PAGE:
If you’re worried about cottagecore having a colonial edge, throw away all the white influencers and read this instead. Kimmerer draws upon her background as a biology professor and Potawatomi woman, braiding together a narrative that is both holistic (such as symbiotic ecological systems at large) and specific (such as sweetgrass harvesting and lichen growth). Furthermore, she shows how these elements are interconnected to one another, and calls on us to be more mindful about the collateral damage we wreak on our environment. Kimmerer shows how we must cultivate “cultures of regenerative reciprocity” and “demand an economy that is aligned with life, not stacked against it,” with practices that acknowledge and celebrate the natural world around us.
Wise Child by Monica Furlong
Set in a Scottish village during the Dark Ages, a nine-year-old orphan is taken in by the local wisewoman, Juniper. Wise Child learns about herbs, midwifery, and witchery; however, when her estranged mother comes back to claim her, Wise Child is faced with difficult choices about both magic and loyalty. If you’re specifically into the witchcore aesthetic or extremely invested in your home herb garden, Wise Child may be the book for you.
Pilu of the Woods by Mai Nguyen
If you’re more into faeriecore than witchcore, try Nguyen’s graphic novel about a friendship between a human girl and a tree spirit. Willow struggles with her turbulent emotions (vividly drawn by Nguyen as little water monsters), particularly in the wake of her mother’s death. After a rough day, she runs away to the nearby forest–and stumbles upon an equally distraught tree spirit, Pilu, who is lost. Together, they find a path home through the woods. Pilu of the Woods is a bittersweet and beautifully illustrated look at friendship, family, and self-discovery.
Pilgrim at Tinker Creek by Annie Dillard
If you’ve already read Thoreau’s Walden, built your own log cabin, and are looking for another narrative on immersing oneself in nature, look no further. Winner of the 1975 Pulitzer Prize for General nonfiction, Pilgrim at Tinker Creek is a lyrical meditation and updated Transcendentalist homage. Dillard tracks the course of one year in Virginia’s Roanoke Valley, exploring the region on foot. She is meticulous about describing the flora and fauna around her, but also imbues the narrative with thoughts on theology, solitude, and the inherent violence and beauty of nature.
Trophic Cascade by Camille T. Dungy
Trophic Cascade is another lyrical, acutely observed meditation on nature; Dungy’s poetry collection explores the themes of nature, motherhood, and power, including the ways in which racial violence plays out within our ecosystem. With sharp, vibrant prose, Dungy explores what it means to be rooted and inextricably connected to the world around us. “It seems everyone is silvered, dead, / until we learn to see the living—” she writes; in Dungy’s work, the ability to see life and hope comes from observing our environment and bearing witness. She is also the editor of Black Nature: Four Centuries of African American Nature Poetry, an anthology (not included on this list just because anthologies feel like an awful lot of people for one cottage).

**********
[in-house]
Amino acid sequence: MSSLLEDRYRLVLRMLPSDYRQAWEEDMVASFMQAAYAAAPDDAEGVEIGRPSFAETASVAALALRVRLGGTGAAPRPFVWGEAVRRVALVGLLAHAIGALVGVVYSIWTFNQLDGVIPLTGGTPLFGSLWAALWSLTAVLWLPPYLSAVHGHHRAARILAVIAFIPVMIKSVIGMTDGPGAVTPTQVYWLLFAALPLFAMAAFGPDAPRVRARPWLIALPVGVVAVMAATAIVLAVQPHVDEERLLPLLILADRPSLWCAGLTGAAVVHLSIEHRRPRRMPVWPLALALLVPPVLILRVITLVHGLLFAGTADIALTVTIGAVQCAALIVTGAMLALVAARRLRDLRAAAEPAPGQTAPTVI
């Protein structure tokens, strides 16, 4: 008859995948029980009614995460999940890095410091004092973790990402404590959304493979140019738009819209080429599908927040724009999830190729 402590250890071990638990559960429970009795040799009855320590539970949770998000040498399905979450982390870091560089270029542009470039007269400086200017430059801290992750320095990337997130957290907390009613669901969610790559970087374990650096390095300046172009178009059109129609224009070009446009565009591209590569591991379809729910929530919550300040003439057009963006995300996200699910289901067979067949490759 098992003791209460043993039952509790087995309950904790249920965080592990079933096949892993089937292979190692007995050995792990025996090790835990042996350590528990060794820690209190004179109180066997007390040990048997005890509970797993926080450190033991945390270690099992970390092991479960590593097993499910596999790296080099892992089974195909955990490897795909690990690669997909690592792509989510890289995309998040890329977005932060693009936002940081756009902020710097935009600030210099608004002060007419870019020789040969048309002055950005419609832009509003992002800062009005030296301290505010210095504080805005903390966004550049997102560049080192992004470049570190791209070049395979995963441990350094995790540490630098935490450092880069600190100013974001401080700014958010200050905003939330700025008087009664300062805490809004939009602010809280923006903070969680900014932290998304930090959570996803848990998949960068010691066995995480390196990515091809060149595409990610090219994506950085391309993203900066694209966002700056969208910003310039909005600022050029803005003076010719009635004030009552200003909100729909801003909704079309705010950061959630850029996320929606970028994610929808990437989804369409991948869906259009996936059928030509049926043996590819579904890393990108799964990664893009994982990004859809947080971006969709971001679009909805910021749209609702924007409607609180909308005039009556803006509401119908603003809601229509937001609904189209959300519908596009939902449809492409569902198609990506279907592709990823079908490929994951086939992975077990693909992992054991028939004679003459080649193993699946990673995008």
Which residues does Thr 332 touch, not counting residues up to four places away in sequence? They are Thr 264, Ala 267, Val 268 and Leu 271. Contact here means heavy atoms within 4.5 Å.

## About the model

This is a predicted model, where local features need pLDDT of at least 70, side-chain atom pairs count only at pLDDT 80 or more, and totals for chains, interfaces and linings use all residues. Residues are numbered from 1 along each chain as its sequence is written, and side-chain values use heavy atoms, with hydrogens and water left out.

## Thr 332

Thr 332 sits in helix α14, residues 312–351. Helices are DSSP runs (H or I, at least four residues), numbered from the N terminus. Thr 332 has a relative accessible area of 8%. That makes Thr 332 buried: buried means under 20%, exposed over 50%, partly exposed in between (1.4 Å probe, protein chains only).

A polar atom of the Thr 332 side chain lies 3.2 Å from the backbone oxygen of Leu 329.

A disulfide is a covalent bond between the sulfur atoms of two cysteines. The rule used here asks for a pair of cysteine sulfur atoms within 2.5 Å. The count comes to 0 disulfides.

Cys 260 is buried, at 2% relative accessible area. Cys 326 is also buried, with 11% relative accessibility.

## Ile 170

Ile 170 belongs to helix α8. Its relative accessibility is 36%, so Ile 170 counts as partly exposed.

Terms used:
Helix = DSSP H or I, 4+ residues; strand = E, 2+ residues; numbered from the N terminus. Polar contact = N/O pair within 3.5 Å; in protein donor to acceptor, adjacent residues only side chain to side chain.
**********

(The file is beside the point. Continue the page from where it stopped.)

Arcadia by Lauren Groff
What can go wrong when a group wants to build its own bohemian community? Arcadia shows the dark side of “cottagecore,” or what happens when an aesthetically, idealistically pleasing idea turns sour. Bit, the novel’s shy protagonist, grows up in a hippie commune where everything is crafted by hand and everyone reveres nature. However, as Bit becomes an adult, he must reckon with the fallout of the commune and grapple with contemporary environmental disasters. Groff nails the intensity of climate change anxiety, while simultaneously luxuriating in beautiful descriptions of nature.
The Wild Iris by Louise Glück
If you’re looking for a poetry book to place your dried flowers in, The Wild Iris is the perfect volume. Glück’s Pulitzer-winning collection, with its exquisitely crafted language, is one to reread on any occasion, but especially when you’re dreaming of running away to the woods. The flowers are often the narrators in Glück’s poems, such as “Wildflowers” or “Silver Lily.” Interspersed between the flower poems are various forms of prayers, like “Matins.” Glück explores the cycles of life and death, joy and grief, intimacy and distance in both the human and natural world. The Wild Iris questions—and ultimately celebrates—what it means to be alive “in the raw wind of the new world.”
Mandy by Julie Andrews Edwards
Who could have known that Julie Andrews (yes, Mary Poppins, Maria from Sound of Music, and iconic Princess Diaries grandmother) would be the prophetess of cottagecore? Andrews’ novel centers on Mandy, a young orphan who decides to fix up a deserted cottage. Mandy climbs over the orphanage wall and, over the course of a year, becomes increasingly obsessed with crafting a lovely space for herself. This may be a book written for young children, but adults and kids will both be charmed by Mandy’s quest to find a place she can feel at home.